The Action Research Guidebook: A Four-Stage Process for Educators and School Teams / Edition 2

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Easy-to-use action research tools that work for today’s schools

Richard Sagor provides updated tools and insights to implement school-based research for student success in this second edition of his best-selling volume The Action Research Guidebook. Included are new examples, activities, tables, charts, and leadership applications that reflect the recent growth of professional learning communities, wider acceptance of standards, and the need for more qualitative research. The book is organized around Sagor’s four-stage process developed from his experience training educators:

  • Clarifying visions/targets
  • Articulating theory
  • Implementing action and collecting data
  • Reflecting on data and planning informed action

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Editorial Reviews

Lauren Childs
"This new edition is simply outstanding! The descriptions, metaphors, and modeling of an everyday approach to the inquiry cycle reflect Sagor’s deep understanding of the current challenges educators face in integrating action research into their practices."
Deborah Court
"Richard Sagor is one of a very small group of academic educators writing today who authentically and profoundly bridges the gap between research and practice. His conception of action research, developed over decades of experience with thousands of educators, is clear, robust and flexible. This book is both intelligent and accessible, and is fun to read and use."
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Product Details

  • ISBN-13: 9781412981286
  • Publisher: SAGE Publications
  • Publication date: 11/23/2010
  • Edition description: Second Edition
  • Edition number: 2
  • Pages: 224
  • Sales rank: 226,309
  • Product dimensions: 8.40 (w) x 10.90 (h) x 0.70 (d)

Meet the Author

Richard Sagor founded ISIE (pronounced “I see”), the Institute for the Study of Inquiry in Education, in 1997, to work with schools and educational organizations on the use of action research and data-based school improvement while he was a professor of educational leadership at Washington State University (WSU). Prior to joining the faculty at WSU, Sagor had 14 years of public school administrative experience, including service as an assistant superintendent, high school principal, instruction vice principal, disciplinary vice principal, and alternative school head teacher. He has taught the entire range of students, from the gifted to the learning disabled, in the areas of social studies, reading, and written composition. Educated in the public schools of New York, Sagor received his BA from New York University and two MA degrees as well as a PhD in Curriculum and Instruction from the University of Oregon. Beyond his work as a teacher and administrator, Sagor has had extensive international consulting experience. He served as a site visitor for the United States Department of Education’s Secondary School Recognition Program and has worked with the Department of Defense’s overseas schools, numerous state departments of education, and over 200 separate school districts across North America. His consulting has focused primarily on leadership development, the use of data with standards-based school improvement, collaborative action research, teacher motivation, and teaching at-risk youth. His articles on school reform and action research have received awards from the National Association of Secondary School Principals and the Educational Press Association of America. Sagor’s books include The TQE Principal: A Transformed Leader; At-Risk Students: Reaching and Teaching Them; How To Conduct Collaborative Action Research; Local Control and Accountability: Getting it, Keeping it, and Improving School Performance; Guiding School Improvement With Action Research, and Motivating Students and Teachers in an Era of Standards.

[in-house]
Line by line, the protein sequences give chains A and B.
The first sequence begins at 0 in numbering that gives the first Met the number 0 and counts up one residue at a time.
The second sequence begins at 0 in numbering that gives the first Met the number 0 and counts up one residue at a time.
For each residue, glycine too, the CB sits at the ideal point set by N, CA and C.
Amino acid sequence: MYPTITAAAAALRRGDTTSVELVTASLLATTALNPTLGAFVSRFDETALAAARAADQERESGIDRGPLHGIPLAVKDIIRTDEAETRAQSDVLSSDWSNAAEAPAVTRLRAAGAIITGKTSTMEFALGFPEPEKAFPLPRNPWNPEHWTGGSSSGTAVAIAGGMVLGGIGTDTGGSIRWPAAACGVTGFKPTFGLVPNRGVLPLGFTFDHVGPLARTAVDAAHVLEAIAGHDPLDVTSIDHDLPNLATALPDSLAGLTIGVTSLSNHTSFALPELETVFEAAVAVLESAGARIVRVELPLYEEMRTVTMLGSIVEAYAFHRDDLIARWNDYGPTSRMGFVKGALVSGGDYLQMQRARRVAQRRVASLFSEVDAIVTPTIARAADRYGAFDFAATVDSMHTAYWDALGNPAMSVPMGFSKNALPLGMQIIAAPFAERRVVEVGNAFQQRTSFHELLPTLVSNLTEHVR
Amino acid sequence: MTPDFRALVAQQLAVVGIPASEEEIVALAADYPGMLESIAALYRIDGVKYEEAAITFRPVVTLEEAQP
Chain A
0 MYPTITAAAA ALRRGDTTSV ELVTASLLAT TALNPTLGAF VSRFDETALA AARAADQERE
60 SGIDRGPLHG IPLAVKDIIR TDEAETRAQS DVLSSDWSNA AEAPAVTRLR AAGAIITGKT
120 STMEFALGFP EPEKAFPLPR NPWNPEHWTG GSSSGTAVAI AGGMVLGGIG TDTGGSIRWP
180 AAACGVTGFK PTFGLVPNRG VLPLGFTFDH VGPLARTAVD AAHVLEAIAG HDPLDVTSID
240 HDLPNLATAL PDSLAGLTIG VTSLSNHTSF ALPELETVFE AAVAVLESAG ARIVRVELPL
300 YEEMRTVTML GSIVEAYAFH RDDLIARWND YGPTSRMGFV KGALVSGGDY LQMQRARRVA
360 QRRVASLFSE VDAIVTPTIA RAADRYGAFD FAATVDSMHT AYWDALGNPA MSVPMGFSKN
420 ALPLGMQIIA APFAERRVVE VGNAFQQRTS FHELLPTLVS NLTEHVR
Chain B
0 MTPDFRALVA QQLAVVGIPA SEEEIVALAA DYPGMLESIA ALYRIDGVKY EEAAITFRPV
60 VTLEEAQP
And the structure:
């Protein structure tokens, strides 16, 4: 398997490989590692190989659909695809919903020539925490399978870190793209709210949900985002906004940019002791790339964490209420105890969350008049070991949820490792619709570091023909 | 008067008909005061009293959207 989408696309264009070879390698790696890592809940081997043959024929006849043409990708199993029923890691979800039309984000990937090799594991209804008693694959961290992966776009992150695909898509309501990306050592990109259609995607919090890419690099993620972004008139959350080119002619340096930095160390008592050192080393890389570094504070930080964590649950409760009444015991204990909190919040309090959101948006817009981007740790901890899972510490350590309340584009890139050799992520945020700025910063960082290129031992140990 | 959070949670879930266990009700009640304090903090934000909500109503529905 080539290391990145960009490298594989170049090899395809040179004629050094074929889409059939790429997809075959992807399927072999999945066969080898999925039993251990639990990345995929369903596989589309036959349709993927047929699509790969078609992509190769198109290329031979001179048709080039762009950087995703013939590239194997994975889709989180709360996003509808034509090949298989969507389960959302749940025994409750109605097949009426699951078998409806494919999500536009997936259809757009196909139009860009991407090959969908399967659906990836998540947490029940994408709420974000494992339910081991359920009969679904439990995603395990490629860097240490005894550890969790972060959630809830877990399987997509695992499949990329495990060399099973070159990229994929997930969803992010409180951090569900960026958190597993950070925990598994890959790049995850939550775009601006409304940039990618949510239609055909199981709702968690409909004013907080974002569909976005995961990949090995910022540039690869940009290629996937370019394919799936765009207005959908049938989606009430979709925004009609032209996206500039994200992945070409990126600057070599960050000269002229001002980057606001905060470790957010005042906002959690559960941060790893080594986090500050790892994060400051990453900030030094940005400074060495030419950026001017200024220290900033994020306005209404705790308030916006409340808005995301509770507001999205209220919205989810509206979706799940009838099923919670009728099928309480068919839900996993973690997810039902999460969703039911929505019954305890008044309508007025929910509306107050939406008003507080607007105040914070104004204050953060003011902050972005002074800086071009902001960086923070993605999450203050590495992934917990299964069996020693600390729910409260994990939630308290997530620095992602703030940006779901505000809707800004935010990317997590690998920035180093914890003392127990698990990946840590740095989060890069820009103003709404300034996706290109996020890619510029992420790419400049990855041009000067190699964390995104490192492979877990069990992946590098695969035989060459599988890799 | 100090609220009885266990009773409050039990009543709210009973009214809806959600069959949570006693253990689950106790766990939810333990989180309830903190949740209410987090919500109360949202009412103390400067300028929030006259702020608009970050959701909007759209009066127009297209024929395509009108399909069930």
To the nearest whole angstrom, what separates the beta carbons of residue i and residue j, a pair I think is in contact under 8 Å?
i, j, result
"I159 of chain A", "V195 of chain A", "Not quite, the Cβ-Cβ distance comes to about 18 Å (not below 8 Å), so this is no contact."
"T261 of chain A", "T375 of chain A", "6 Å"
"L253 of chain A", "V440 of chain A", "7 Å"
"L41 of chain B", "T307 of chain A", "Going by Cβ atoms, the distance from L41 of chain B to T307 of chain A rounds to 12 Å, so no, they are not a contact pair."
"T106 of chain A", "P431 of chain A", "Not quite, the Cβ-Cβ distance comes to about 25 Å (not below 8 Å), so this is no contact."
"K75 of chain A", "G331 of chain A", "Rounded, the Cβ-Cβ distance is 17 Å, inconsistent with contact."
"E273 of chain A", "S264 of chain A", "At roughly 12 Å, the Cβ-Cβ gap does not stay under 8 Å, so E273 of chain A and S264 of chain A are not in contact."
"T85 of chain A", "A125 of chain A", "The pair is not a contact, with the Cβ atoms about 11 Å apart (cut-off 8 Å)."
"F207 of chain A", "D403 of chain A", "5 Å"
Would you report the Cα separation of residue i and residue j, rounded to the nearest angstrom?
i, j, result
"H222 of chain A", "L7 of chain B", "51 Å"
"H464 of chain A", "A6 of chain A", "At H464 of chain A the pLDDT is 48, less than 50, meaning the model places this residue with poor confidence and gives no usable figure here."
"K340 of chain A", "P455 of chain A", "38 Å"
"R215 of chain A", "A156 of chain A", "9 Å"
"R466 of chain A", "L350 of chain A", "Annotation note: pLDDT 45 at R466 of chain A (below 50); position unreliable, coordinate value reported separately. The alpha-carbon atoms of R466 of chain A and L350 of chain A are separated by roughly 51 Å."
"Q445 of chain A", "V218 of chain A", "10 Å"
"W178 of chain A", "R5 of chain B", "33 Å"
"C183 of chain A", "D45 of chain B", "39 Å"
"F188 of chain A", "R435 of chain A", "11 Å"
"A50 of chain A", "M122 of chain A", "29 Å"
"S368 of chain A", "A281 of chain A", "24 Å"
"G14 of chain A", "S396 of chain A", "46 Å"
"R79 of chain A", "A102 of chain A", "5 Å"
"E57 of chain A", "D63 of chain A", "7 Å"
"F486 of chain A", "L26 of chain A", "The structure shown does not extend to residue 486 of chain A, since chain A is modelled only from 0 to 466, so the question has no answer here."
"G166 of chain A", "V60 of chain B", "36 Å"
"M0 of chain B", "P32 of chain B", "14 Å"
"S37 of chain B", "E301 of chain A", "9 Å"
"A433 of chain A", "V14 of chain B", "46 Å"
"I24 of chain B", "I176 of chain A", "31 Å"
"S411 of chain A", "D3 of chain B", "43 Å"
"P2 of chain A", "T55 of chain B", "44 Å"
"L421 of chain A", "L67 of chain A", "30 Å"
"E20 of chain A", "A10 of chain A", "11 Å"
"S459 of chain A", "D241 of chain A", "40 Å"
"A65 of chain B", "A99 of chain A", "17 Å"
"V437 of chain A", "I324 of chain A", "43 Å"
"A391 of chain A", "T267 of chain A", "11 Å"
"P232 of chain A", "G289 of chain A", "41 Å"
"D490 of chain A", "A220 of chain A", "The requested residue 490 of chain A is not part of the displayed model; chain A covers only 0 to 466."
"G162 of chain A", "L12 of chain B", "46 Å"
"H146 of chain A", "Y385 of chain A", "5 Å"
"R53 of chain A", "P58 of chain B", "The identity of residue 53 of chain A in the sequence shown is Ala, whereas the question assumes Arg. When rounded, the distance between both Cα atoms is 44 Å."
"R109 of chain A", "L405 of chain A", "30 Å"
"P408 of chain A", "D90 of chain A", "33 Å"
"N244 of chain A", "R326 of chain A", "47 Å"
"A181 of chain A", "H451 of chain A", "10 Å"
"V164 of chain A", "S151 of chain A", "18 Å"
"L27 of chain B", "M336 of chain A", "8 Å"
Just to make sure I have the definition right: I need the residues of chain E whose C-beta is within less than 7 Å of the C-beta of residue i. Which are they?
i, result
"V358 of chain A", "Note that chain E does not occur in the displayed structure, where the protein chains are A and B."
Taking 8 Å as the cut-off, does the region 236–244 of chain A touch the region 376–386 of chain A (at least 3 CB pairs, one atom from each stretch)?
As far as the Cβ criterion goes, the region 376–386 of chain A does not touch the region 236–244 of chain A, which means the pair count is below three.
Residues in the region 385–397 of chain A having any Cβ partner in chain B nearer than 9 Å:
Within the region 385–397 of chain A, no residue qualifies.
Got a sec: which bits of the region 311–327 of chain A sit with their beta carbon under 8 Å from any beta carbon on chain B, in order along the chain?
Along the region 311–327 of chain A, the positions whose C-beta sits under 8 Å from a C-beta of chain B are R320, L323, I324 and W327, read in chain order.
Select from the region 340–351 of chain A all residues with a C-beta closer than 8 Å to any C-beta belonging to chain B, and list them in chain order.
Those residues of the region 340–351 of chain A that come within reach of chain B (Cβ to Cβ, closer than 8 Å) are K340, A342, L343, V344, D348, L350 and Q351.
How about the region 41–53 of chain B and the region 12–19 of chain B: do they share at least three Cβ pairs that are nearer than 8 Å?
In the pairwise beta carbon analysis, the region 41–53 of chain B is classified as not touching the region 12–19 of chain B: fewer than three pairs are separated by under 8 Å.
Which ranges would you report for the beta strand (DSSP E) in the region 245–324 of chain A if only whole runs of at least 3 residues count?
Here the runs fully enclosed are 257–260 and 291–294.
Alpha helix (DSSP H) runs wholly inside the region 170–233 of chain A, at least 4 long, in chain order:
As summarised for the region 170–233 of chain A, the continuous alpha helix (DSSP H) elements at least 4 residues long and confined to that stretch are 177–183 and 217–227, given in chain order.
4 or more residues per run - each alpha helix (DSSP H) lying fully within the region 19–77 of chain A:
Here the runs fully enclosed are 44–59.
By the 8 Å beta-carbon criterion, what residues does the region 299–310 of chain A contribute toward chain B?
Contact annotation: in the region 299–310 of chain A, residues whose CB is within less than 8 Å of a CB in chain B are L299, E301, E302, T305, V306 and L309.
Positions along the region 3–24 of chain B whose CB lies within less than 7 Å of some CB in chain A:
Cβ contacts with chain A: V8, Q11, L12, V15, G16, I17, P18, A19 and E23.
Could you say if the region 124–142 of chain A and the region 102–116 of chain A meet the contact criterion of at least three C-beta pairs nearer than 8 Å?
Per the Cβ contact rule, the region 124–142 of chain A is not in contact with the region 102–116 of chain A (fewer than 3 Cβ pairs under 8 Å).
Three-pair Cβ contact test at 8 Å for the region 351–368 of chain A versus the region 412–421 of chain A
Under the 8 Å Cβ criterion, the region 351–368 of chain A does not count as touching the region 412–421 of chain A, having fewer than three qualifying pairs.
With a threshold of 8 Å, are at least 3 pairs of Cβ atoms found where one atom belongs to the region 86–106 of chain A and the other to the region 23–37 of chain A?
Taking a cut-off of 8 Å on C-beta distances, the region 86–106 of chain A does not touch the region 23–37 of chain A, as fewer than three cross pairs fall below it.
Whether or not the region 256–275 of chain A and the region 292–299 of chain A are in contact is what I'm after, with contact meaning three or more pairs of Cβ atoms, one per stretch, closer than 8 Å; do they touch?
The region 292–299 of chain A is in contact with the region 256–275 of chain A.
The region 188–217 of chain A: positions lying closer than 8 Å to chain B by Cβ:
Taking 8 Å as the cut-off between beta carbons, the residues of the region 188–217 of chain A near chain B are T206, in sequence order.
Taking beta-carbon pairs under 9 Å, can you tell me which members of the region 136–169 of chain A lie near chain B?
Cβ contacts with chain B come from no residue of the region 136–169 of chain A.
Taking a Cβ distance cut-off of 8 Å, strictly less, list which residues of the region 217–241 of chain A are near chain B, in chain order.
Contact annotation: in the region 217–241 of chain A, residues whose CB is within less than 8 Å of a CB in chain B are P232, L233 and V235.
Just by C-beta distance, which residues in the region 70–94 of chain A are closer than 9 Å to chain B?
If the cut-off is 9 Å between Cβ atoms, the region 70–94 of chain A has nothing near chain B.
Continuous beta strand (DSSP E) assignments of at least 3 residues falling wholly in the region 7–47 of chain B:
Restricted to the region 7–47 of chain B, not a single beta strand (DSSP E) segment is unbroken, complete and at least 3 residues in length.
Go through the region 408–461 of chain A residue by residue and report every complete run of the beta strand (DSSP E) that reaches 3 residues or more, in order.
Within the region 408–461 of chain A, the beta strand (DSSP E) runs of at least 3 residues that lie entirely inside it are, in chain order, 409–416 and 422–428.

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Table of Contents